A portent of adult life came to me as an adolescent, walking through a Chicago slum neighbourhood with my uncle, a judge of the strictest probity. We passed a voting station where rather forbidding men in poorly pressed suits handed envelopes to the citizens as they entered. I asked my uncle what they were doing. "Bribing voters," he replied, and I expected a homily to follow.
"It's illegal," I said. "Don't the people taking the envelopes feel demeaned?"
"The money is only a few bucks," replied my uncle, "and it makes them part of the community." This was my introduction to the issue of social inclusion.
Social inclusion is not a subject reformers think through well. We tend to focus on exclusion, assuming that if we diminish racial discrimination, class inequality or sexual prejudice, a more cohesive society will inevitably result. But inclusion has its own logic.
Inclusion, be it in a small-scale project or in a nation, requires mutual recognition; people must signal that they are aware of each other as legitimately involved together in a common enterprise. The sociologist Norbert Elias called such mutual recognition a matter of "social honour". This rather grand phrase denotes simply that members of a group feel that they are noticed and heard, that they have what the law calls "standing". I think that contemporary capitalism diminishes social inclusion by denying to individuals, in their work lives, the experience of mattering to others.
Inclusion requires, first, mutual exchange, and those envelopes changing hands at the Chicago voting stations were an example. The ward bosses of 1950s Chicago ruled without challenge, yet still they offered symbolic dollars to each voter. The bribe redeemed raw subjection and the poor citizens, offspring of immigrant families from European villages, expected their rulers to make gestures of recognition and obligation.
Second, social inclusion must involve ritual, which is society's strongest cement, its very chemistry of inclusion. The 19th-century diplomat Charles Talleyrand described how his aunt, a countess, in an elaborate ceremony in her drawing-room, would dole out medicines from her herb gardens to the servants and peasants on her estate. Few were cured by these potions, but that wasn't the point. The formal room, the words of encouragement, the directions the countess wrote with her own hand on each bottle - such seemingly trivial details of the ritual established a mutual bond.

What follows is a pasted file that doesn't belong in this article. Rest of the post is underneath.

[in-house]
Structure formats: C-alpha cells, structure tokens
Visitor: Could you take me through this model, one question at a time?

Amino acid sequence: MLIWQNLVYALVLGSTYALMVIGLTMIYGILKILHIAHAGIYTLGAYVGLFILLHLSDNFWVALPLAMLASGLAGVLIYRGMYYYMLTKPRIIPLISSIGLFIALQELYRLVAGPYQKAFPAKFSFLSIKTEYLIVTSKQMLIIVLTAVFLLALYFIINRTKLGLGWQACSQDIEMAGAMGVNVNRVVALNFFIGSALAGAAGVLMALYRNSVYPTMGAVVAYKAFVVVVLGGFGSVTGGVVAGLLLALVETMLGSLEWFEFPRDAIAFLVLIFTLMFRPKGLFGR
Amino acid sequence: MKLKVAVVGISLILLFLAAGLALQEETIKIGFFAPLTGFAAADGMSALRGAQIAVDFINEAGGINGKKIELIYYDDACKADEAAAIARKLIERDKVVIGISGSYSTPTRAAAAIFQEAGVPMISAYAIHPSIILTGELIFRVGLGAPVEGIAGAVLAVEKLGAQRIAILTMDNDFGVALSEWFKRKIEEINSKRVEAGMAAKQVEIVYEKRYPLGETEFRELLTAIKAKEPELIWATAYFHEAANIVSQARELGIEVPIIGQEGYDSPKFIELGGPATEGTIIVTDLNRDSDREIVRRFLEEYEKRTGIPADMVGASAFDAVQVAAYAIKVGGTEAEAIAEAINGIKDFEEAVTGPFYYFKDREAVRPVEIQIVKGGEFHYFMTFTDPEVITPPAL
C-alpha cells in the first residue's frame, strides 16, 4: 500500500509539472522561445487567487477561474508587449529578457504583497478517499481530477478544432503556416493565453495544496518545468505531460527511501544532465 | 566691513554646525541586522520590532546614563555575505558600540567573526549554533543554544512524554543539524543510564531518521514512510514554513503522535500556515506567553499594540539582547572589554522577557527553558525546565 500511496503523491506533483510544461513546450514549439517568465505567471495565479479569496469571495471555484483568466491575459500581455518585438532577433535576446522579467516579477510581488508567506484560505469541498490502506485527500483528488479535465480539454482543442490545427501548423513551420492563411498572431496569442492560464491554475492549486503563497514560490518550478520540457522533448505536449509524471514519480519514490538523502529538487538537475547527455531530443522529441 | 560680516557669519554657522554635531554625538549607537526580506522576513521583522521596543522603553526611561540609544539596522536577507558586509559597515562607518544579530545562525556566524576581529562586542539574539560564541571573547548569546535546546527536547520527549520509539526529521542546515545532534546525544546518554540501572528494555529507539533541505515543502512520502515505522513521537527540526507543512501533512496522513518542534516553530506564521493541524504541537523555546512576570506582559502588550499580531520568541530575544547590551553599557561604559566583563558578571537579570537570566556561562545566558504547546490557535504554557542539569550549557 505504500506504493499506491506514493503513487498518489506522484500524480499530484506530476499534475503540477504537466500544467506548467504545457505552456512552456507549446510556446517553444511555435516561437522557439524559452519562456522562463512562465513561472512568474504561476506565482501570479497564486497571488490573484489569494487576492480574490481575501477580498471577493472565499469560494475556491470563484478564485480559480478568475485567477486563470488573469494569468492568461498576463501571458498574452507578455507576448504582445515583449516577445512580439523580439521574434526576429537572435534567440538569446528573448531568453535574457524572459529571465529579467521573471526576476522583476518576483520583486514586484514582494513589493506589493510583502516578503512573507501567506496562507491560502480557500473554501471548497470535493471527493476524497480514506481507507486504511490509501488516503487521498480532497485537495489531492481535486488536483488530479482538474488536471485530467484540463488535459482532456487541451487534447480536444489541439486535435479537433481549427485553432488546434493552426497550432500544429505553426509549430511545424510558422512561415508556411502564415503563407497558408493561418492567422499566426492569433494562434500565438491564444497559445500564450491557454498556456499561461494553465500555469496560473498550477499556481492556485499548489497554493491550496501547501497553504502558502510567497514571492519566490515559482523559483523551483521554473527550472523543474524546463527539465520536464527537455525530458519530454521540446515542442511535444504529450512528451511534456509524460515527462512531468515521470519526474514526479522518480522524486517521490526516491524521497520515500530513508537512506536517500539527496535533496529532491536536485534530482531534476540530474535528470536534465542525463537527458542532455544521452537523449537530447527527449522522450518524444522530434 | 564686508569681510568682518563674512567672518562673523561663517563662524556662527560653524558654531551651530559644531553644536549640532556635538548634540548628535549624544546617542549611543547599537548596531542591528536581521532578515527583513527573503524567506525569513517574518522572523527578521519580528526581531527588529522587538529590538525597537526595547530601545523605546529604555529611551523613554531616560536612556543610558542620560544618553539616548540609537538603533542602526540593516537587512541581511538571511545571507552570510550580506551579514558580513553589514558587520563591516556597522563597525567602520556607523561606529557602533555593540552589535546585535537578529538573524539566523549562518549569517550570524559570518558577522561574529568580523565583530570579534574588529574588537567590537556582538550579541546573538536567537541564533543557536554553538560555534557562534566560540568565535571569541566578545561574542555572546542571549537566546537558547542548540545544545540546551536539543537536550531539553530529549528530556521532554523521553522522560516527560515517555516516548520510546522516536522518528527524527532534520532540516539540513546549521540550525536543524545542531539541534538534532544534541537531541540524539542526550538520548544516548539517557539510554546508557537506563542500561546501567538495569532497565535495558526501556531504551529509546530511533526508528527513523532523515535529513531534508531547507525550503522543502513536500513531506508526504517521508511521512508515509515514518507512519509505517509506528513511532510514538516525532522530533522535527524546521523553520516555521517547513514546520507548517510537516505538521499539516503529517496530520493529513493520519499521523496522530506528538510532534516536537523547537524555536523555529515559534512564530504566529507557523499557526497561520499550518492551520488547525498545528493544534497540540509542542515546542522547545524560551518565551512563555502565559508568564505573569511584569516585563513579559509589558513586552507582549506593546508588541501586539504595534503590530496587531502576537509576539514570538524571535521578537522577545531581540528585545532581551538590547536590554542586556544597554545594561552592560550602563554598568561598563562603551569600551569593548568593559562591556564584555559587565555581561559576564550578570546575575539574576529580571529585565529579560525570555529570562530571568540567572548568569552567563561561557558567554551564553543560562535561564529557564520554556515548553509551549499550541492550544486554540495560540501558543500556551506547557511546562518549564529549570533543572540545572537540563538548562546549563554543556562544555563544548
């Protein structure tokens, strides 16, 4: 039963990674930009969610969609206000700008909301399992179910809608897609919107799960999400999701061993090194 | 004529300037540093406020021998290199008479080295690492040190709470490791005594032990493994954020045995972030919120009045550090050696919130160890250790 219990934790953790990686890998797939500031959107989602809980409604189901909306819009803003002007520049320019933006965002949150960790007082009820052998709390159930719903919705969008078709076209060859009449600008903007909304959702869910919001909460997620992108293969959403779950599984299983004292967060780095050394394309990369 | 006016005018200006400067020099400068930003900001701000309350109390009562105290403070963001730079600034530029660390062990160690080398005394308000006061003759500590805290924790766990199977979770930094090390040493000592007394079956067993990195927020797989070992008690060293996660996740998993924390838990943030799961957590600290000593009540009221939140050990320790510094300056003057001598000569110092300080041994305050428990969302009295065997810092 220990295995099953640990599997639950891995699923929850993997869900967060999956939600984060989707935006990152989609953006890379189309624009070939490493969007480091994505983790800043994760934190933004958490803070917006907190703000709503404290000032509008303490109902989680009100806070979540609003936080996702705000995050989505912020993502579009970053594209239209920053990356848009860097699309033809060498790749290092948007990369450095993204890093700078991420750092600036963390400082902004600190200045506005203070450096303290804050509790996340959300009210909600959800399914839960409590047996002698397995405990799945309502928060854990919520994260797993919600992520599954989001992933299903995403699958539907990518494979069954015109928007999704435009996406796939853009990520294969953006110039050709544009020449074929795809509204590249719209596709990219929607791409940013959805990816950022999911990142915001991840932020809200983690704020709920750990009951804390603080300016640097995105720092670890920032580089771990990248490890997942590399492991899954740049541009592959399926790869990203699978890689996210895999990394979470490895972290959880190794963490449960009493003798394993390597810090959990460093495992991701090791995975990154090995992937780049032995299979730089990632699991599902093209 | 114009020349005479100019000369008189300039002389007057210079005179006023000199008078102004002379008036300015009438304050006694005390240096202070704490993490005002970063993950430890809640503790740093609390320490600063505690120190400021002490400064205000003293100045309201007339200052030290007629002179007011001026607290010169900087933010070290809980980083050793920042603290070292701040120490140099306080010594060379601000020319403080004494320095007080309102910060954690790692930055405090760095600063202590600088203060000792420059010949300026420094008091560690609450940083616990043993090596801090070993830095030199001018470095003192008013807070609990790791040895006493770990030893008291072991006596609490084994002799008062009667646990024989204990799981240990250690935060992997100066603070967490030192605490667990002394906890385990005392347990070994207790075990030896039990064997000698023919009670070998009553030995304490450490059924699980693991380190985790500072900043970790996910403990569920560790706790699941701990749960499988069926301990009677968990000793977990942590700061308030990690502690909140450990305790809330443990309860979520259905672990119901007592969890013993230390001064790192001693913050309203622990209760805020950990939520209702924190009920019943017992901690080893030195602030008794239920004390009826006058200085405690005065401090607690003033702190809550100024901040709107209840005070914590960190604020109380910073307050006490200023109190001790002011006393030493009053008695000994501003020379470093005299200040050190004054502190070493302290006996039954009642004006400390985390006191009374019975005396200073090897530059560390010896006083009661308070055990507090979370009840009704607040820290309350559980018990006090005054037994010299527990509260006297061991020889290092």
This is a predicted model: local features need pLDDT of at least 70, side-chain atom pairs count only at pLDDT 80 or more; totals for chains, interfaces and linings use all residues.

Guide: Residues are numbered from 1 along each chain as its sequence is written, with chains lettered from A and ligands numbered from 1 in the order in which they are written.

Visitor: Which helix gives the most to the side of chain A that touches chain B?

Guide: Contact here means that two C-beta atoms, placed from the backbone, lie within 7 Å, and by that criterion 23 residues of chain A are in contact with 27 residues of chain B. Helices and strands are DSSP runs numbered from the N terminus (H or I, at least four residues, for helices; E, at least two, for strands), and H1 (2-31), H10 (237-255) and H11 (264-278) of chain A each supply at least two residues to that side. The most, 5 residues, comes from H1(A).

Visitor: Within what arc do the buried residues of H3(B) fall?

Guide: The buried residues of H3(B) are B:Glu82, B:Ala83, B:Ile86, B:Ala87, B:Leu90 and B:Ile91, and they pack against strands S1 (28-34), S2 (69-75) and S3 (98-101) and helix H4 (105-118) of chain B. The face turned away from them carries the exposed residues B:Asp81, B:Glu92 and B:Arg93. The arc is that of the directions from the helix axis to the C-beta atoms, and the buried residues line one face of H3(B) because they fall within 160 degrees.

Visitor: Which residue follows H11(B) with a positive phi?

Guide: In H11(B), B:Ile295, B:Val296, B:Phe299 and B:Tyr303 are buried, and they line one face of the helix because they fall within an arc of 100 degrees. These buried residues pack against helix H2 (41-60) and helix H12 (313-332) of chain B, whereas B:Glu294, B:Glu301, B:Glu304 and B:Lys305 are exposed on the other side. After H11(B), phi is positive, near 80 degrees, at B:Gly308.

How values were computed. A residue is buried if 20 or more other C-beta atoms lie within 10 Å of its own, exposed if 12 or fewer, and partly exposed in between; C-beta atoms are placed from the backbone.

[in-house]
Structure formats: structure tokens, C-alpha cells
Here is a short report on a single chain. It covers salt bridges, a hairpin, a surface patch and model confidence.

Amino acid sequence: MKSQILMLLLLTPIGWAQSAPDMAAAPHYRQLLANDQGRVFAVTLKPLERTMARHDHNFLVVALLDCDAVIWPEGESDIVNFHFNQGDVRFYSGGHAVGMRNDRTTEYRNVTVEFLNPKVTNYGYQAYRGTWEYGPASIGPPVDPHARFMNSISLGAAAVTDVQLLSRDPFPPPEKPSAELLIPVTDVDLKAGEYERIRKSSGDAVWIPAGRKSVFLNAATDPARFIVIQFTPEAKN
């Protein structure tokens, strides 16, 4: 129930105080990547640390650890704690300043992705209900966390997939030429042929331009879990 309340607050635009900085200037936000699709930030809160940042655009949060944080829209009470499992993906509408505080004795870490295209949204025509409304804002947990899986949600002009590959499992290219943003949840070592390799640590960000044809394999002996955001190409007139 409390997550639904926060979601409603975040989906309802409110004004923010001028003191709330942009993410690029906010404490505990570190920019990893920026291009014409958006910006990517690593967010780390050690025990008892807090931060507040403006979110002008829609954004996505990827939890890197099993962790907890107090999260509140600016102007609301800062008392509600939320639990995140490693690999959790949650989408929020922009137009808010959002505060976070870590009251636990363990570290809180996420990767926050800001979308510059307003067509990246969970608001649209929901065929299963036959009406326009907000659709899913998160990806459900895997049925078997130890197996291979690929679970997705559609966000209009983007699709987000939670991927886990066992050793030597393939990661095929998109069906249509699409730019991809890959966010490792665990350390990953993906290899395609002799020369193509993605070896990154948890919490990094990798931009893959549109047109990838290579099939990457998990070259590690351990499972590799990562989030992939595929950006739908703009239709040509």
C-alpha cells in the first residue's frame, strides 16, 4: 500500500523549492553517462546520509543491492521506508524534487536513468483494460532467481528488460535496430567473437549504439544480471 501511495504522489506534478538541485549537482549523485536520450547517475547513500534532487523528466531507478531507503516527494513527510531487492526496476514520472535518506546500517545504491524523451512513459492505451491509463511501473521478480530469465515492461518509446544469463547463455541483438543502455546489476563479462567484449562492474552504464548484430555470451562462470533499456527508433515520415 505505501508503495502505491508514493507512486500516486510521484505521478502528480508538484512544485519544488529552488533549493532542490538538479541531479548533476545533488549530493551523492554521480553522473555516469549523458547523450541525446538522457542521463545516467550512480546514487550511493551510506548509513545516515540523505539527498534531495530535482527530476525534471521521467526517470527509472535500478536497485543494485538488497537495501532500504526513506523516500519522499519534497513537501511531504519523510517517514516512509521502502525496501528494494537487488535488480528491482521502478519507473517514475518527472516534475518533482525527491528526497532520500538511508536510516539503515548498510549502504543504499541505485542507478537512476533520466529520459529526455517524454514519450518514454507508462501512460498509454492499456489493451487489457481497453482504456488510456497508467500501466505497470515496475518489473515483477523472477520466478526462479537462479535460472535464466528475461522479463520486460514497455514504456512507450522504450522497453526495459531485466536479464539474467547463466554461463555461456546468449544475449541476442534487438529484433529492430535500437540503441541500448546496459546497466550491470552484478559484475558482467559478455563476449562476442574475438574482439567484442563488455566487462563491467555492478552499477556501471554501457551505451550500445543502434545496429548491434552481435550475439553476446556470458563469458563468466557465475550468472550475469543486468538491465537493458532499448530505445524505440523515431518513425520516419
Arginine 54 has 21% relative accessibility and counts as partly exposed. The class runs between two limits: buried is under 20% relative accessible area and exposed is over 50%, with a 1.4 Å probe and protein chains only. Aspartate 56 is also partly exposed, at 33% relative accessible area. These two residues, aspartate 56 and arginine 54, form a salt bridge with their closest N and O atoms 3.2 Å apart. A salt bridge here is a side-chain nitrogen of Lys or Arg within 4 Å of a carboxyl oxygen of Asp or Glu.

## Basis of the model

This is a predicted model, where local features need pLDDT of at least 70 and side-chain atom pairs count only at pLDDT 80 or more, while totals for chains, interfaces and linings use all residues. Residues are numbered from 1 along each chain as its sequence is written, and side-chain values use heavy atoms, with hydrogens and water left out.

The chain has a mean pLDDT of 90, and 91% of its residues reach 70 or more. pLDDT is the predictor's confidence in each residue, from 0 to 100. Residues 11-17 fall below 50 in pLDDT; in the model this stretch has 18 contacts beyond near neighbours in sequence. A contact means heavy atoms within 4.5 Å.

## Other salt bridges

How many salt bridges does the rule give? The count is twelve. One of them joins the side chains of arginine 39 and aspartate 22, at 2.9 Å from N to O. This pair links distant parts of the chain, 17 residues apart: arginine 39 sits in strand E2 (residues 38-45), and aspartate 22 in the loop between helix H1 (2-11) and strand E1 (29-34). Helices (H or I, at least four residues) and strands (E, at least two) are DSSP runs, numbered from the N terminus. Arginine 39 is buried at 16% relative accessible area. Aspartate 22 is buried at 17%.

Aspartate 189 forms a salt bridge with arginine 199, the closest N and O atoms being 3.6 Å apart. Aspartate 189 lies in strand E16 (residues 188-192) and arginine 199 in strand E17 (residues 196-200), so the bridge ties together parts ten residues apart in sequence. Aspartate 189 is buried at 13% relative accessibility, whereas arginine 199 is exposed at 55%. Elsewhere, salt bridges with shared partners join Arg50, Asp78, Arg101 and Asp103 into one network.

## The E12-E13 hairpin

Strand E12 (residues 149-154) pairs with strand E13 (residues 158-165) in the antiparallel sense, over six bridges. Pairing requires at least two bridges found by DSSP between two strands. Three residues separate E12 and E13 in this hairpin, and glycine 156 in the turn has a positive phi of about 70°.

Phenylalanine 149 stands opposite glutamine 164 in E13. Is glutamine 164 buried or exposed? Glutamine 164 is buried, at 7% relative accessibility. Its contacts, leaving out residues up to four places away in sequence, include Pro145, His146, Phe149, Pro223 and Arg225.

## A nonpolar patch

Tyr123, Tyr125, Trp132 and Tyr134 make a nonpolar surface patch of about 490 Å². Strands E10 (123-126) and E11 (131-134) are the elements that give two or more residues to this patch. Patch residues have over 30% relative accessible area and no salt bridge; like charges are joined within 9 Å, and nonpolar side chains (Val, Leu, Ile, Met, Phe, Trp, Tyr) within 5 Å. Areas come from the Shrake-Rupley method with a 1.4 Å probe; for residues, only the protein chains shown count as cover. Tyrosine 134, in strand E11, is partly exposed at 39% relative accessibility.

Third, inclusion requires witnesses to one's behaviour. As the philosopher Paul Ricoeur puts it: "Because someone is counting on me, I am accountable for my action before another." In other words, because someone else depends on you, he or she has a right to judge you. We usually think that judges are superior to those whom they judge; Ricoeur wants to reverse these roles.
In the modern work world, all these requirements for social inclusion are disappearing. We see, less and less, those kinds of mutual, symbolic exchanges which signal that employees are noticed and heard by the corporations for which they work; the fraternal rituals that bind worker to worker are diminishing; employers dismiss the idea that they are accountable to those who depend upon them. Yet our society professes to believe in inclusion in ways that would have been unrecognisable to Talleyrand's aunt, living under the ancien regime. We believe in universal human rights that proclaim all human beings to have an equal and inherent dignity; we intend that every citizen recognise the worth of those with contrary opinions or differing needs and interests.